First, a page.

Gospel Herald and The Mennonite now available digitally online

The denominational magazines of Mennonite Church USA’s two predecessor organizations, the Mennonite Church (MC) and the General Conference Mennonite Church (GCMC), are now available digitally for free online searching.

Within each volume of the MC’s Gospel Herald (1908–1998) and the GCMC’s The Mennonite (1885–1998), researchers may conduct a full-text search to quickly locate topics and articles.

According to Eileen Saner, director of library services for Anabaptist Mennonite Biblical Seminary (AMBS), these publications are essential primary sources for historical study.

“They trace the history of these two denominations during the decades before they merged [to form Mennonite Church USA],” she says. “The articles, news releases and letters document the challenges they faced, such as increasing engagement with society, civil rights, the Vietnam War, changing peace witness, and worldwide relief and mission activity.”

Only about 10 libraries in North America have print issues of these publications, she notes, adding that the only search tool has been brief indexes published at the end of each annual print volume.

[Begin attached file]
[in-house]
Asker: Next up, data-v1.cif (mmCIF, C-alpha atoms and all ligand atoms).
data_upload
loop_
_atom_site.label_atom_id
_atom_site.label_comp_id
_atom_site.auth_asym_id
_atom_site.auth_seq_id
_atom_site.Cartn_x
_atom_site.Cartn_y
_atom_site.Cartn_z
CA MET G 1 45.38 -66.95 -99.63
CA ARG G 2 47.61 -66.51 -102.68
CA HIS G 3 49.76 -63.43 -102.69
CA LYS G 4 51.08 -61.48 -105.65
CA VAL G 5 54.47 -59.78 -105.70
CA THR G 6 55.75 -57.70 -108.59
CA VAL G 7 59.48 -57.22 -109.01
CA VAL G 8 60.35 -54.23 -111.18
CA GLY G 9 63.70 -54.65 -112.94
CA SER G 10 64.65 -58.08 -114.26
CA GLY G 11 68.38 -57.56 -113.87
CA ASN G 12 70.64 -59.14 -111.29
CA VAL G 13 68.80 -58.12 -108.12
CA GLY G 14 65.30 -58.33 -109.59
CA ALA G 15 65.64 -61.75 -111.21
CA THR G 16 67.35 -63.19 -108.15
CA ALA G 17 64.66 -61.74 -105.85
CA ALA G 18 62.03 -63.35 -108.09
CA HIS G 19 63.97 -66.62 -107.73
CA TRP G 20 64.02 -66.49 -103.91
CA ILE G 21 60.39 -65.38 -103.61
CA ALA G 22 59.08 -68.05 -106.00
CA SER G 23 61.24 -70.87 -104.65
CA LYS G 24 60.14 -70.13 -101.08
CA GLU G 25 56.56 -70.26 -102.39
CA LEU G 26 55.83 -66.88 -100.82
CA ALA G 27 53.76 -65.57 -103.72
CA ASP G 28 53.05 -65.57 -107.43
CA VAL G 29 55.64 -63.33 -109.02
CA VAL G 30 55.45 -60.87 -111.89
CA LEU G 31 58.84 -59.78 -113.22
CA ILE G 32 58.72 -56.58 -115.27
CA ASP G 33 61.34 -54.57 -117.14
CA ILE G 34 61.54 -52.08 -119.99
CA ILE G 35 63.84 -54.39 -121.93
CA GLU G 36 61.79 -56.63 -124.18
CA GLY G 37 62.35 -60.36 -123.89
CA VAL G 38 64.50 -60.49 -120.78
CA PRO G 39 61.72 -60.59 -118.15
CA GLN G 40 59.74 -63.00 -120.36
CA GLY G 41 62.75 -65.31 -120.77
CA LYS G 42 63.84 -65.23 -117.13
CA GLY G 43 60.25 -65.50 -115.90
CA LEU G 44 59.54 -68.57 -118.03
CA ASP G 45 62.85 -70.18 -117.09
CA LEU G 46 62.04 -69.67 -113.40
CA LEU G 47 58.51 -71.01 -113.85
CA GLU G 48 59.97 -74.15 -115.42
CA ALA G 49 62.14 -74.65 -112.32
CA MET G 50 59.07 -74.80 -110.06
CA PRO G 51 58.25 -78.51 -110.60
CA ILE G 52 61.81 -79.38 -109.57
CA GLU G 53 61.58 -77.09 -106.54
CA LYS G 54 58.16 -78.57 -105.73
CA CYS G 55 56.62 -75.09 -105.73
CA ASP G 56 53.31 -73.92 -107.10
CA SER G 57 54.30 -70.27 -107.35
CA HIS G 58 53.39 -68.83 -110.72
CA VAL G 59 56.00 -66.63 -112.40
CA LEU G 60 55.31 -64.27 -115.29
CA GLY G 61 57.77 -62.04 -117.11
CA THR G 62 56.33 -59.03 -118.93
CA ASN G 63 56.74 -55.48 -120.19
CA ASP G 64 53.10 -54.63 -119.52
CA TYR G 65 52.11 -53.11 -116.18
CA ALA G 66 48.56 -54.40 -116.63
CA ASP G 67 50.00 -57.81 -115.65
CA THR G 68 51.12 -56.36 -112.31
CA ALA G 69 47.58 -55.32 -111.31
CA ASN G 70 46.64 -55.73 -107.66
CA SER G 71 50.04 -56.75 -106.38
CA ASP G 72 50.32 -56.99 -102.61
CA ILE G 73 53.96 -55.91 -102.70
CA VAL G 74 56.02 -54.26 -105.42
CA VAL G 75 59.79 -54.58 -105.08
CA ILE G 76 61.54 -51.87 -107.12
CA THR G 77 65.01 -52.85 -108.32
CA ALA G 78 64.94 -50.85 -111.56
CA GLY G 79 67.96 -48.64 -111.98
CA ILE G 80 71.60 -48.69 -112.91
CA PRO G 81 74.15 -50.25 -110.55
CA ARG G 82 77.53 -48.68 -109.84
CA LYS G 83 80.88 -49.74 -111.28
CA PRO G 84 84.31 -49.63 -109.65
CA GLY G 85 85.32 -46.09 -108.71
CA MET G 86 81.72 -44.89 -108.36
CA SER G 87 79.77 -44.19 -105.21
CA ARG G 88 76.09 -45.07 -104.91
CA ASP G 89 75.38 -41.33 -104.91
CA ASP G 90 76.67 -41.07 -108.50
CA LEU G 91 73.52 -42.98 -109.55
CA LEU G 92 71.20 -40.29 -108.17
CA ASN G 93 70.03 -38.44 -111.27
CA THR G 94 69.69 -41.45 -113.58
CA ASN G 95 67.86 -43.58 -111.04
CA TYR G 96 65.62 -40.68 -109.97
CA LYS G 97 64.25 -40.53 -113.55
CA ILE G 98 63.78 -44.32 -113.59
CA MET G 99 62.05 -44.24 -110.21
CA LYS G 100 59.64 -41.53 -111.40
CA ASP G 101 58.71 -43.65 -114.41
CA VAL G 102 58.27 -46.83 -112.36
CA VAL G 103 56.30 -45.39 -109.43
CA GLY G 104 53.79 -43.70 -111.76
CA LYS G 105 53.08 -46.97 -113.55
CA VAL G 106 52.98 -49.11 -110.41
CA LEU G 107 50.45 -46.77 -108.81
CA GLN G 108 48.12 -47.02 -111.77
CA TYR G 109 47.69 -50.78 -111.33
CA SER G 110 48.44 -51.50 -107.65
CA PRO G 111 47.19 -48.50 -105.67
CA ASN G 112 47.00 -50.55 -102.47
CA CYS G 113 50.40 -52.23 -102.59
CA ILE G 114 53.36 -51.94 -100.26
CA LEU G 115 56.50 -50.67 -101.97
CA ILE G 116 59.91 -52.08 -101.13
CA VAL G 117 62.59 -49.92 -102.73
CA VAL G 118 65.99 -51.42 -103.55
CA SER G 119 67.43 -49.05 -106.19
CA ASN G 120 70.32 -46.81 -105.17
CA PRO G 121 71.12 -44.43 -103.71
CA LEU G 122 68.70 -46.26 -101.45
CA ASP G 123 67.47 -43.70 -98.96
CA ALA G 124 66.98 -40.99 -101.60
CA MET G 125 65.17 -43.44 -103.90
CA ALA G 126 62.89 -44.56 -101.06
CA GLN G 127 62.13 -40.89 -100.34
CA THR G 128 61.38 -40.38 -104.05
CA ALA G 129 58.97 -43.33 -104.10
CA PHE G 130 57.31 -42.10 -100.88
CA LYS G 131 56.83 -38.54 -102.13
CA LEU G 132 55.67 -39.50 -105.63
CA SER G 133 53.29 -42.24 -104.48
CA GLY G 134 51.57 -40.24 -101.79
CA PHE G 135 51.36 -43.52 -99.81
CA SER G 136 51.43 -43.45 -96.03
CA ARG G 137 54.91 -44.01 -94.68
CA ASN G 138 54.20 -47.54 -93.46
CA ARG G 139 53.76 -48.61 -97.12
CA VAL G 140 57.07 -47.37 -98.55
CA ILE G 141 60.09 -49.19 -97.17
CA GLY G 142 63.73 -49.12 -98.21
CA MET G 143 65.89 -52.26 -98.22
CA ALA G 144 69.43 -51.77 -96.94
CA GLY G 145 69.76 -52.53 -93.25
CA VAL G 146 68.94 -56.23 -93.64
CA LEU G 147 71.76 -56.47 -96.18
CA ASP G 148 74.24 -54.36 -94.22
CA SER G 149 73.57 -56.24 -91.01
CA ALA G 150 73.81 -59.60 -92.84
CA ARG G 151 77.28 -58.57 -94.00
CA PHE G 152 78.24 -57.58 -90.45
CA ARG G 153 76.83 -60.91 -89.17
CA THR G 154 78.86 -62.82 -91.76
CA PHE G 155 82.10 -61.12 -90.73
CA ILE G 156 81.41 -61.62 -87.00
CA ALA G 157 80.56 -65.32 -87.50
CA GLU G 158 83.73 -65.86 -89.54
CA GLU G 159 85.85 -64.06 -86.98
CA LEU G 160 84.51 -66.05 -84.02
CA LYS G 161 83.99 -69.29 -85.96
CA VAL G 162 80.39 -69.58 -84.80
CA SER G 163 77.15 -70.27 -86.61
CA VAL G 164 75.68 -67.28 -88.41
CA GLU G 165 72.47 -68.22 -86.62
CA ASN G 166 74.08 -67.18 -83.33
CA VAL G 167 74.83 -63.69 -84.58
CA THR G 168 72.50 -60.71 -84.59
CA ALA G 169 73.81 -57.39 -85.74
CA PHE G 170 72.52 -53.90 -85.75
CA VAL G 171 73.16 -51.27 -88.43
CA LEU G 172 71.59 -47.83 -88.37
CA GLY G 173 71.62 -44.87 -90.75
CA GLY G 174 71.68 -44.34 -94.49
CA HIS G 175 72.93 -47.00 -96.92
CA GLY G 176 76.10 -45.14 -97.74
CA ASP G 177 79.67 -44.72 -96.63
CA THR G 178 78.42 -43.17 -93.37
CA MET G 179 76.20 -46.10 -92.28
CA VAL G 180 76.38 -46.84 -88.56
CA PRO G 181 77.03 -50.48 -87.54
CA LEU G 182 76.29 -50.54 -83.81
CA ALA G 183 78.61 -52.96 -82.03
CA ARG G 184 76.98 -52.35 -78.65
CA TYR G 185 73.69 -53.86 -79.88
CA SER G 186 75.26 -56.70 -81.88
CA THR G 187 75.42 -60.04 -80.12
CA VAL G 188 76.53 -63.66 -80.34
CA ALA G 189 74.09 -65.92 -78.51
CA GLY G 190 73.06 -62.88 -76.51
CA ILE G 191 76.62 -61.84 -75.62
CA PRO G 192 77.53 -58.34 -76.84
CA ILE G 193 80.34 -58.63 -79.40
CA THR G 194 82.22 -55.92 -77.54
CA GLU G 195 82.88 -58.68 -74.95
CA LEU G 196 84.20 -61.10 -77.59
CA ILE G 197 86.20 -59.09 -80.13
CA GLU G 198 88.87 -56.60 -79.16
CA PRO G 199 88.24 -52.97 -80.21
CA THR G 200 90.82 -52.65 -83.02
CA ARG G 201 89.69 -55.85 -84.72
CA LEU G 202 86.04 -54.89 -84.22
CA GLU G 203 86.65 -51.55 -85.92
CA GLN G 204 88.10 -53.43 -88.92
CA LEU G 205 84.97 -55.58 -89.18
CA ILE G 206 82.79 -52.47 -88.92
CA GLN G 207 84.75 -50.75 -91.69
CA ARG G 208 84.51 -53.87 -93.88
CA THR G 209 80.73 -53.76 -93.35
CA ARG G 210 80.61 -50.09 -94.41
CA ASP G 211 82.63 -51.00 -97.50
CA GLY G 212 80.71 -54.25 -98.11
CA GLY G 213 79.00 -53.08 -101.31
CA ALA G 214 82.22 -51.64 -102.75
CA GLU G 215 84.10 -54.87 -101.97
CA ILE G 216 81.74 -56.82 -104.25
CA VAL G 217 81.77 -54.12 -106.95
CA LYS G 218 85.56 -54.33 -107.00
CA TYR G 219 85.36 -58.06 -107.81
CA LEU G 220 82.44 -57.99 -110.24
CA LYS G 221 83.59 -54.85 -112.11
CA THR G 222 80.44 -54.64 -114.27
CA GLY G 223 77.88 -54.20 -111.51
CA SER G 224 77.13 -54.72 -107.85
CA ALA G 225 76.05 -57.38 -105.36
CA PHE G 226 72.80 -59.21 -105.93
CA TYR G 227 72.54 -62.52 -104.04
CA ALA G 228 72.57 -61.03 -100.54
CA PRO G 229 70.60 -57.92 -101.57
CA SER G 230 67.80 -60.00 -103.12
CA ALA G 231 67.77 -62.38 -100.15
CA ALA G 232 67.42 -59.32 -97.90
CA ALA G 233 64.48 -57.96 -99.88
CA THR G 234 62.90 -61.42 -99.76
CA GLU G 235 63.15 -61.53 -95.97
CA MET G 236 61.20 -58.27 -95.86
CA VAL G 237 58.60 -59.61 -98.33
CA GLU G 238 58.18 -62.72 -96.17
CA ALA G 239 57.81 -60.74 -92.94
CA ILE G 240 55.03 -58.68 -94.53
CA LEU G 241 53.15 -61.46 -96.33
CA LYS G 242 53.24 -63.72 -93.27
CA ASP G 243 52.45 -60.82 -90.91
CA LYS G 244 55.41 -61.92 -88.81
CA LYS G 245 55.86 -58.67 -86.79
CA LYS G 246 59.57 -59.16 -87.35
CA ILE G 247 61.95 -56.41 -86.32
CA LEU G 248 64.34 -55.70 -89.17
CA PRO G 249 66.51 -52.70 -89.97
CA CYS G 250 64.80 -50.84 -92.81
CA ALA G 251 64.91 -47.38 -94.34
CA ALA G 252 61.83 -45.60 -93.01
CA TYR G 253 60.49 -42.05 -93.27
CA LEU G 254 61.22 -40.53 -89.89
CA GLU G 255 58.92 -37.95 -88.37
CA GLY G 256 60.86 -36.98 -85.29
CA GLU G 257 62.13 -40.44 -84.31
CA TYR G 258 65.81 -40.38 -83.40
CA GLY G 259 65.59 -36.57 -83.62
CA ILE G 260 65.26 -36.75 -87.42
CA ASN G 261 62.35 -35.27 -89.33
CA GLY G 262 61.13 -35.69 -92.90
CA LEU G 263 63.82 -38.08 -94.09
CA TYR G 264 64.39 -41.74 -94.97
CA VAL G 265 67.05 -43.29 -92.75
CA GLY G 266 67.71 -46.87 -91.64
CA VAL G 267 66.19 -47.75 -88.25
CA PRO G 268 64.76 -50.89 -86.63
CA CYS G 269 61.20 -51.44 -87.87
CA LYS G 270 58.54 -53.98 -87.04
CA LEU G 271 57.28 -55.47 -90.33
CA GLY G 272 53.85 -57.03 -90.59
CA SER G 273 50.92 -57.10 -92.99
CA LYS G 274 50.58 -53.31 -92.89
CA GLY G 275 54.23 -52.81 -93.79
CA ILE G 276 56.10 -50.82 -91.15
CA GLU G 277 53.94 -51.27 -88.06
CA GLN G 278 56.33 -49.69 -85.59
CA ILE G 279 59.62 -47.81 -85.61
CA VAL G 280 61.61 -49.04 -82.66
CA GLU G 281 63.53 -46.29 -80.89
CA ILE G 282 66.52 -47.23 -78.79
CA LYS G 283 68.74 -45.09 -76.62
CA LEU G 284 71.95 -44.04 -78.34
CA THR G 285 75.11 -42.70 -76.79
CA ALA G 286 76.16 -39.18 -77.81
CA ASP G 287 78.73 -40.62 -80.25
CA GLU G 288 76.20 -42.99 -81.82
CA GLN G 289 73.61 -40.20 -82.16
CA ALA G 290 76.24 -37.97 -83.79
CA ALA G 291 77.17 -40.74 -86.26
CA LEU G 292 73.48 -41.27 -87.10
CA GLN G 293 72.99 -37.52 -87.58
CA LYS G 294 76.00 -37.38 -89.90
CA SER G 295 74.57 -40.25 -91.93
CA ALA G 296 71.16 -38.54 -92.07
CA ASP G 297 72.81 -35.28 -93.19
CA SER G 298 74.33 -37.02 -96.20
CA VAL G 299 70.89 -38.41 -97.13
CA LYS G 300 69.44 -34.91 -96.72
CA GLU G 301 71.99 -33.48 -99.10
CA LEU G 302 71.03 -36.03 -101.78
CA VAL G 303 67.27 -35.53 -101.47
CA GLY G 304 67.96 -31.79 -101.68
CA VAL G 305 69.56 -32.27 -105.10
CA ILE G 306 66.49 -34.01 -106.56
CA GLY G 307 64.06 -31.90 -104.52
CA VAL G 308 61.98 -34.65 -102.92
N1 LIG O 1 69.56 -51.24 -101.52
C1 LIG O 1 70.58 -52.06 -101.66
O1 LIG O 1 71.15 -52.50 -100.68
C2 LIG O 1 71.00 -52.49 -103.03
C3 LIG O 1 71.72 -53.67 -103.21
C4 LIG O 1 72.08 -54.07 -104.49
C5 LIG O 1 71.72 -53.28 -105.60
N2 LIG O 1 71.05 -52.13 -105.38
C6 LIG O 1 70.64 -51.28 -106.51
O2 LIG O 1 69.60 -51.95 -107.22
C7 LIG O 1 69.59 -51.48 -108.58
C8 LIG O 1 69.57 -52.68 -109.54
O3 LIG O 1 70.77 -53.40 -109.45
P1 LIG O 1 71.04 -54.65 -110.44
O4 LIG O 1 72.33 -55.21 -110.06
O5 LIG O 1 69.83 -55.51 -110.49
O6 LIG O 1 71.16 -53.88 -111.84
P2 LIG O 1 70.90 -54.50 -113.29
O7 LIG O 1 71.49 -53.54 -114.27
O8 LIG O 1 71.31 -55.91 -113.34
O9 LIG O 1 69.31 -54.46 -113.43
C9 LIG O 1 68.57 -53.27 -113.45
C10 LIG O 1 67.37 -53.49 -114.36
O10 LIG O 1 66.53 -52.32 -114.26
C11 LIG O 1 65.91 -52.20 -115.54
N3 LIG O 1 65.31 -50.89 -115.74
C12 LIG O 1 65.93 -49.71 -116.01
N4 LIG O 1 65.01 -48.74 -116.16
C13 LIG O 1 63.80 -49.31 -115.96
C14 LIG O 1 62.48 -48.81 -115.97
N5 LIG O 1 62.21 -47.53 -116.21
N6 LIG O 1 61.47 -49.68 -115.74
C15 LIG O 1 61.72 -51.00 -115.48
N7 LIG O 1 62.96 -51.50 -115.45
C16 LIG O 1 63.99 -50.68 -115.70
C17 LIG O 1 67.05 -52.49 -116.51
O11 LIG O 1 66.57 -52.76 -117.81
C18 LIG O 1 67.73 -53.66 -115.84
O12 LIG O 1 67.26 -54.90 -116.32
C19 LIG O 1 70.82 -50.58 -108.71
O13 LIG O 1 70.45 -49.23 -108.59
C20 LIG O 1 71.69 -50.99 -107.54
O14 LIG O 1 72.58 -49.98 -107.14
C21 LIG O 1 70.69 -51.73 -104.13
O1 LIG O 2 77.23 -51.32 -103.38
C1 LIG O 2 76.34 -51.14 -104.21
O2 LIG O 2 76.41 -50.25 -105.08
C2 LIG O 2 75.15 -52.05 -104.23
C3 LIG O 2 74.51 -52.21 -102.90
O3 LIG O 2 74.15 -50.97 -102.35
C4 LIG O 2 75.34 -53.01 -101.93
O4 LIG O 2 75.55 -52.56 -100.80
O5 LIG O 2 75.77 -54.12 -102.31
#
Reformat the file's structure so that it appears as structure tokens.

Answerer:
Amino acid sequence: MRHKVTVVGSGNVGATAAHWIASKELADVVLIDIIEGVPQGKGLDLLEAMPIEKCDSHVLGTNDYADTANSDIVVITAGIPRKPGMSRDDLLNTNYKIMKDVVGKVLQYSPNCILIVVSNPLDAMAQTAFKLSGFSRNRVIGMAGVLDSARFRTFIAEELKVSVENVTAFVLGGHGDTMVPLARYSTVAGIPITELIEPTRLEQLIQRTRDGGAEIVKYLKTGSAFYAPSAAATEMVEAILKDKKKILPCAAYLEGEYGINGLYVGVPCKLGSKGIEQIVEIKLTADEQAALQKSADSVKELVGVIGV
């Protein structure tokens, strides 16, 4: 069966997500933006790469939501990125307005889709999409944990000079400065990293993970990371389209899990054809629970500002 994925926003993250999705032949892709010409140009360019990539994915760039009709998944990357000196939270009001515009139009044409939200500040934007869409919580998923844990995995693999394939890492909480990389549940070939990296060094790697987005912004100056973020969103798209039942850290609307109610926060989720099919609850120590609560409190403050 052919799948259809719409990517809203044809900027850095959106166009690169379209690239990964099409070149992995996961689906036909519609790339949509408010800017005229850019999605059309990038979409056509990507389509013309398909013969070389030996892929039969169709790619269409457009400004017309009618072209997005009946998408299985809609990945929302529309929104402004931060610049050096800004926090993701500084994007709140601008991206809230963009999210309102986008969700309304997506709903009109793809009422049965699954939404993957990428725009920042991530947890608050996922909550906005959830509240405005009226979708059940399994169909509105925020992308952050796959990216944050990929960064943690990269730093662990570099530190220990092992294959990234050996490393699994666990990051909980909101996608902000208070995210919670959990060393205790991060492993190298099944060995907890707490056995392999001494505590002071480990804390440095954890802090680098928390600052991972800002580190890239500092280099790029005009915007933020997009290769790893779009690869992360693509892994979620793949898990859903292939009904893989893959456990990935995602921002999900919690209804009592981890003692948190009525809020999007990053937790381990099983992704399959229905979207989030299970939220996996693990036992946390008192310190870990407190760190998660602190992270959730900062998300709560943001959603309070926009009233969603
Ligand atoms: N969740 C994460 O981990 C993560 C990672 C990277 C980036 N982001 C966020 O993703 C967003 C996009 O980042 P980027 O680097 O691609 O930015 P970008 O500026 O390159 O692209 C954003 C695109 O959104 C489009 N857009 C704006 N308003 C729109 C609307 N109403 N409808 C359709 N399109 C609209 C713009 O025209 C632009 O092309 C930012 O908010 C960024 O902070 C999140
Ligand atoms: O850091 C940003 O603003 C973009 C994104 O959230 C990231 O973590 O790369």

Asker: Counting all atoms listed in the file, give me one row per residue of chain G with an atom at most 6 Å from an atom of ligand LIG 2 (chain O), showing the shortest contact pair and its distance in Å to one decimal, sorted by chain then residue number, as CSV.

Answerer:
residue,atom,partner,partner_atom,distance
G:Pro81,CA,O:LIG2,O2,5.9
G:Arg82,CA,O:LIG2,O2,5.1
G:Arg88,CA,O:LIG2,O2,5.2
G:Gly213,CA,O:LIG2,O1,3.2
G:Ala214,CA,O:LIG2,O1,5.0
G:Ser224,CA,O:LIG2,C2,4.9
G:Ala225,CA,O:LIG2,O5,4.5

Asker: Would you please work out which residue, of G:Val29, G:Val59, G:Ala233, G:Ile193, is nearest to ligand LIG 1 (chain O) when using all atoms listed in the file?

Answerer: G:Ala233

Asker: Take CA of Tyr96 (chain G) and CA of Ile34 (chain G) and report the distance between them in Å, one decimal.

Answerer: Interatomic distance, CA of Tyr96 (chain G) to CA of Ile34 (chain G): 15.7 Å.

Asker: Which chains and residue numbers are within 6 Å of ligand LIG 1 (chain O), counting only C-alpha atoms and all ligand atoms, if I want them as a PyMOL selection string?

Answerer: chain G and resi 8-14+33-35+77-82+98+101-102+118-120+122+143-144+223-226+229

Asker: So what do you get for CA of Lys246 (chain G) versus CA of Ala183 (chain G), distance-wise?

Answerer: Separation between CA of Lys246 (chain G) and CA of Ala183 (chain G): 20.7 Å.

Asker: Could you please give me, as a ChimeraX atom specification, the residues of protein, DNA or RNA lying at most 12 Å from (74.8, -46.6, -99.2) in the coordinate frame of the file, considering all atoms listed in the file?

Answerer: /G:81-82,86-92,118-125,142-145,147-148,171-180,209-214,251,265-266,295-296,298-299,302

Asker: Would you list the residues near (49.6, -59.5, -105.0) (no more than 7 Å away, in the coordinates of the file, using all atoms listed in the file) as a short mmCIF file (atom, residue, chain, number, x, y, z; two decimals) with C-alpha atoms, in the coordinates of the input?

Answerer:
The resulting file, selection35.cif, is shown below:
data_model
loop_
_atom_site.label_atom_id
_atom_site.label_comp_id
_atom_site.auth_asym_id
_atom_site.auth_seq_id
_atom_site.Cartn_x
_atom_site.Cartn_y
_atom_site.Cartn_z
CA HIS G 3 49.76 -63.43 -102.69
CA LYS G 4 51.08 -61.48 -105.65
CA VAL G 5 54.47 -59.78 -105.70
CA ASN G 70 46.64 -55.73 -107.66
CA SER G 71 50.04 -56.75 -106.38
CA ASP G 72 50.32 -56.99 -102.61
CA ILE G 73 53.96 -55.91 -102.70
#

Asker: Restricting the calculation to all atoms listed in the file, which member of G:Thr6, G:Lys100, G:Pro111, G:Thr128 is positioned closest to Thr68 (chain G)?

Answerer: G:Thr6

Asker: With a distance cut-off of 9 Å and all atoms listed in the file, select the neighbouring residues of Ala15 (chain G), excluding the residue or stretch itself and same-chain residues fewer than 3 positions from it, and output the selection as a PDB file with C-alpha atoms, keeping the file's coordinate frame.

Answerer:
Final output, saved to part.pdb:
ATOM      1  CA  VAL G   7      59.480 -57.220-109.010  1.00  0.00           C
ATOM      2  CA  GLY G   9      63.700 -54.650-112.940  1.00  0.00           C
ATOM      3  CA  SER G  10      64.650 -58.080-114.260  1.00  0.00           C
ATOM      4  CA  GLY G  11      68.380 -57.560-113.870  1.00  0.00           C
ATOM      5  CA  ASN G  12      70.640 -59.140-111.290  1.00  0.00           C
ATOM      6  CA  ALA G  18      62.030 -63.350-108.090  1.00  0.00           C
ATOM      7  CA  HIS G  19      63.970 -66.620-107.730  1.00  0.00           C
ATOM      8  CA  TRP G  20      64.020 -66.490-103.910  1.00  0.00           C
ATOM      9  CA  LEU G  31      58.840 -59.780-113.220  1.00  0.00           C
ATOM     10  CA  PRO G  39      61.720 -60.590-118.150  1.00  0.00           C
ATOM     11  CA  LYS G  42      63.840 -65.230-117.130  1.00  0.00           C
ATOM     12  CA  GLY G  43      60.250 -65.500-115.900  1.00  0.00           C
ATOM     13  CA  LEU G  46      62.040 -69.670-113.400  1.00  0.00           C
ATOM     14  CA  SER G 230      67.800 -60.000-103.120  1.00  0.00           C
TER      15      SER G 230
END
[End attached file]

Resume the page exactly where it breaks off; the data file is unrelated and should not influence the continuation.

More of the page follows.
“Online access makes this important material available to researchers worldwide with the convenience of computer-based searching,” she says.

The digitization project is a joint effort of the Anabaptist Mennonite Digital Collaborative, which includes the AMBS Library in Elkhart (Ind.), the Good Library and the Mennonite Historical Library at Goshen (Ind.) College, and the Mennonite Church USA Archives, also in Goshen. The Schowalter Foundation, Newton, Kan., contributed $16,000. Additional funding was provided by all of the Mennonite college and university libraries, and by Anabaptist historical organizations in Pennsylvania, Iowa and Indiana. 

“Communities of faith tell stories to know who we are,” says Marci Frederick, director of one of the organizations contributing funding to the project—Hartzler Library at Eastern Mennonite University, Harrisonburg, Va. “Having Gospel Herald and The Mennonite available online enables more researchers, genealogists and other interested persons to trace 20th-century U.S. Mennonite history, theology, practices and conversations. Thus these words can continue to shape the present church and deepen the stories we tell one another about who we are and hope to be.”

MennoMedia and The Mennonite granted copyright permission for the project. The AMBS Library and Mennonite Historical Library provided staff support and originals for scanning. The digitized volumes were scanned and are hosted by Internet Archive, a not-for-profit digital preservation initiative.

View the online archive: libraryguides.ambs.edu/digital_mennonite_periodicals
 


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